my body doesn’t feel right

There once was a time when I was very concerned about the numbers on the scale. If I weighed what I considered my ideal weight, I’d be happy that day; if I weighed ideal weight +1, I’d be disappointed and down. I stopped weighing myself regularly a long time ago. These days, the numbers don’t mean much to me.

There once was a time, much more recently, when I didn’t much like how I looked. It wasn’t anything in particular, just a general uninformed dissatisfaction. A culturally determined not-good-enoughness. A little over three years ago, I started taking nude photos of myself, and really listening to Wolf’s compliments. These days, I’m pretty happy with how I look.

I’ve always been slim so it feels taboo to talk about issues around weight: I’m privileged and have never had to endure criticism the way many people do, but this is something that’s bothering me so I’ve decided to talk about it. Just know that none of this is intended as criticism of anyone else.

My weight has always been pretty stable, and the one time I gained a bit of weight was when I went to Japan to teach English. I was there on my own, had virtually no emotional support, was surrounded by a language I didn’t know (which is surprisingly tiring), and just found the whole thing exhausting.

What I probably needed was to work less, sleep more, and eat less carbs (I had a hell of a time with my blood sugar). What I did when I was tired was to eat the very excellent chocolate almonds I’d discovered. My clothes, which didn’t fit fantastically well to begin with (waistbands at the natural waist are anathema to short-waisted me), became a constant, uncomfortable reminder of an aspect of my physicality that I was not happy with. Buying new clothes wasn’t much of an option because they were designed for slim, boyish hips that I didn’t have. When I returned home, the weight came off without much effort on my part. I was in my 20s.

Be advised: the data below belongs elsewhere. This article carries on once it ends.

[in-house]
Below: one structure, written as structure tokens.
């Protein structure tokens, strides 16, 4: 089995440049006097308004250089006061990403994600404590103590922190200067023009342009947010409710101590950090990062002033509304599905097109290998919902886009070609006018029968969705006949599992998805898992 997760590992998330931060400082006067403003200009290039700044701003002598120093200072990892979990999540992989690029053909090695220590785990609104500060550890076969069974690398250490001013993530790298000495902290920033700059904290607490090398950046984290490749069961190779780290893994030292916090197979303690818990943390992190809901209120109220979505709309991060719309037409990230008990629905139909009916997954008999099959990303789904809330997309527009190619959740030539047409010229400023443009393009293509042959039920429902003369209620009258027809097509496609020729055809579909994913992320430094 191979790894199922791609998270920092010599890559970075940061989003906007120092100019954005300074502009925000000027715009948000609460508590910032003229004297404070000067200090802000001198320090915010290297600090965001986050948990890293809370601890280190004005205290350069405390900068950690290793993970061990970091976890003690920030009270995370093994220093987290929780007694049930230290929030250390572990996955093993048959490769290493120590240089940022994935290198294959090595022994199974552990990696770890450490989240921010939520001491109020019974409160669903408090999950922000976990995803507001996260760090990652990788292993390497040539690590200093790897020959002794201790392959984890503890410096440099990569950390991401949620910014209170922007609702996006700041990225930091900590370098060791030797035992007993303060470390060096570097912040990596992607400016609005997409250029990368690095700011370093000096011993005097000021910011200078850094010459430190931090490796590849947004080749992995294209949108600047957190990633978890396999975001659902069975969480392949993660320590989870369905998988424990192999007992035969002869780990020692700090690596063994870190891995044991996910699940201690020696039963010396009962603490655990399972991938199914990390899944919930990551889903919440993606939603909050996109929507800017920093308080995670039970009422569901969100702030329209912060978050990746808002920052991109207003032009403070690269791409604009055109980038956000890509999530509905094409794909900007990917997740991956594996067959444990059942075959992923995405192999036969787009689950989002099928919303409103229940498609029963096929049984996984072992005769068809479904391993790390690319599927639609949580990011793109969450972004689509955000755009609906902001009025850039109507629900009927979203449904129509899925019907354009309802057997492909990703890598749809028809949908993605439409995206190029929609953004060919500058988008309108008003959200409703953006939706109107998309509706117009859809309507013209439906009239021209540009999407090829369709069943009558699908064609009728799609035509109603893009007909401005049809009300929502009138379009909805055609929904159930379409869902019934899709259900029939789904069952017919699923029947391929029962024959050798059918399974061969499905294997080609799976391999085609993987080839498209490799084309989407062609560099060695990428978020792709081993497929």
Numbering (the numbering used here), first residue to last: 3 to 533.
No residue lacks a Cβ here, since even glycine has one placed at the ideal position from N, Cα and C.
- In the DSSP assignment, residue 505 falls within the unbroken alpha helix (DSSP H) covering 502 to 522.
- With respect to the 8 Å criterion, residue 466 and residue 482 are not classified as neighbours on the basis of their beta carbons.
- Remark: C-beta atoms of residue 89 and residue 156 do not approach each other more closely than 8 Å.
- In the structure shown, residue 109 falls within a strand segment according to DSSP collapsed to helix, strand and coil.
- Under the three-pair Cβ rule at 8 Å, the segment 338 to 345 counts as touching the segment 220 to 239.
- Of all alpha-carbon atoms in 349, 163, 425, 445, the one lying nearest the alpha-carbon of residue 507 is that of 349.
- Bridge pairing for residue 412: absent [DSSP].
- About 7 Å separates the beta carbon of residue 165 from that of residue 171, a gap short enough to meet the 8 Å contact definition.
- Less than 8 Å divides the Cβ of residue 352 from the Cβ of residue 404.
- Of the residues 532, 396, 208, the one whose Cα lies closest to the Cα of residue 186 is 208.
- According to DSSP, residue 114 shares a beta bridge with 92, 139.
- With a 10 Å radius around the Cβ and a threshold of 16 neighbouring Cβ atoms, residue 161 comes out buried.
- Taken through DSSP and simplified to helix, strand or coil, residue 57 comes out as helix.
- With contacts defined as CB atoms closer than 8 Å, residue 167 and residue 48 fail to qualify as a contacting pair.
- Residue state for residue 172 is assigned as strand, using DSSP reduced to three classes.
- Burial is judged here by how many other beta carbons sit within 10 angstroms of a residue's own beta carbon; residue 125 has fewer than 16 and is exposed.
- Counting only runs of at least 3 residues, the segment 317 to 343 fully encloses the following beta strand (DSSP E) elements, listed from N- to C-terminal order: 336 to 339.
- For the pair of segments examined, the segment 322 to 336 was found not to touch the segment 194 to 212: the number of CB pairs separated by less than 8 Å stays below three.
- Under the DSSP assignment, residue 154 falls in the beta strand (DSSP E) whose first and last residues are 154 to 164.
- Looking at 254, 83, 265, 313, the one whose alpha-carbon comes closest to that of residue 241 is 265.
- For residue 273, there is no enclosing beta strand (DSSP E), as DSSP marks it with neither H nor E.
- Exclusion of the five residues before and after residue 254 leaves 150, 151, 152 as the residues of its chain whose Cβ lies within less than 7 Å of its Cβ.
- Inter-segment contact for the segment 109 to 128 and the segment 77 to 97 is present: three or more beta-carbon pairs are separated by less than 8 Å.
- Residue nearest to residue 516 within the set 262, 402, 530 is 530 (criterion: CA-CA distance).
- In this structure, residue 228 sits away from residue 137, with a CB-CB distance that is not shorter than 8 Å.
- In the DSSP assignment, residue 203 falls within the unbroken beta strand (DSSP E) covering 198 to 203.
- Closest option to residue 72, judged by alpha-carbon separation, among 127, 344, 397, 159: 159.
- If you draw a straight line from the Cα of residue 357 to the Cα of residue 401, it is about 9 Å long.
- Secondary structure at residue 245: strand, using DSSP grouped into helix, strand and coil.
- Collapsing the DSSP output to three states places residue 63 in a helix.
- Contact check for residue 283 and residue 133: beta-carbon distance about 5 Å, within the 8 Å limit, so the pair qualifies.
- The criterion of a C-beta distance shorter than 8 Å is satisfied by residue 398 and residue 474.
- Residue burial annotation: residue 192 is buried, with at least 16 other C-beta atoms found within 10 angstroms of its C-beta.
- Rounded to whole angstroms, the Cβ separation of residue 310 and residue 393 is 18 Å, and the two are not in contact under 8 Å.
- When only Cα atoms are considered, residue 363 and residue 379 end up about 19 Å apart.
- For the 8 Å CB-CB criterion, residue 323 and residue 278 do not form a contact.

About two years ago, I was prescribed some medication that caused me to lose some weight. Effort free weight loss? OK! Eventually my metabolism got used to the meds and I gained most if not all of the weight back, but it wasn’t much to begin with and that was fine. I’ve since gone off this prescription.

Then, starting about the beginning of January 2017, I went on anti-depressants. I didn’t notice the weight gain at first because I rarely weighed myself. It’s a known side effect so I wasn’t too surprised or upset, but it kept going up. My weight after Japan was an upper limit that I got to a few times over the  years but never exceeded. Until now.

I’m pleased to report that the number on the scale doesn’t make me cry or otherwise ruin my day the way it once would have; in high school I could barely imagine being this weight and I viewed it as a curse of aging. I don’t see a difference in my face, and on the whole I’m still happy enough with how I look overall. So what’s the problem?

I don’t like how I feel. My thighs rub together in a way that they didn’t before.

My breasts feel heavy and have gotten a cup size bigger. Cry me a river, you might say. No, it’s not the end of the world, but I just don’t like it. I prefer having smaller breasts (I’d go so far as to say that’s part of my identity) and generally wear bras that downplay rather than enhance them. My dressy push-up bras are now overflowing, and one soft bra is completely unwearable. I bought a couple of linen shirts in November and they’re now almost indecent; popping shirt buttons is not a problem I’ve ever had before.

My belly has also gotten bigger for a few reasons: the weight gain, bloating caused by the medication on top of that caused by the IBS I appear to have developed about two and a half years ago, and possibly some loss of muscle tone.

I had a routine of exercises, some of which were assigned by a physiotherapist for problems directly or indirectly related to my back, and some “electives” including sit-ups. I quit doing these exercises about three months ago, first because it was very hard to keep them up while I was travelling, and then because my physio wanted to streamline my routine to be more effective and less time-consuming.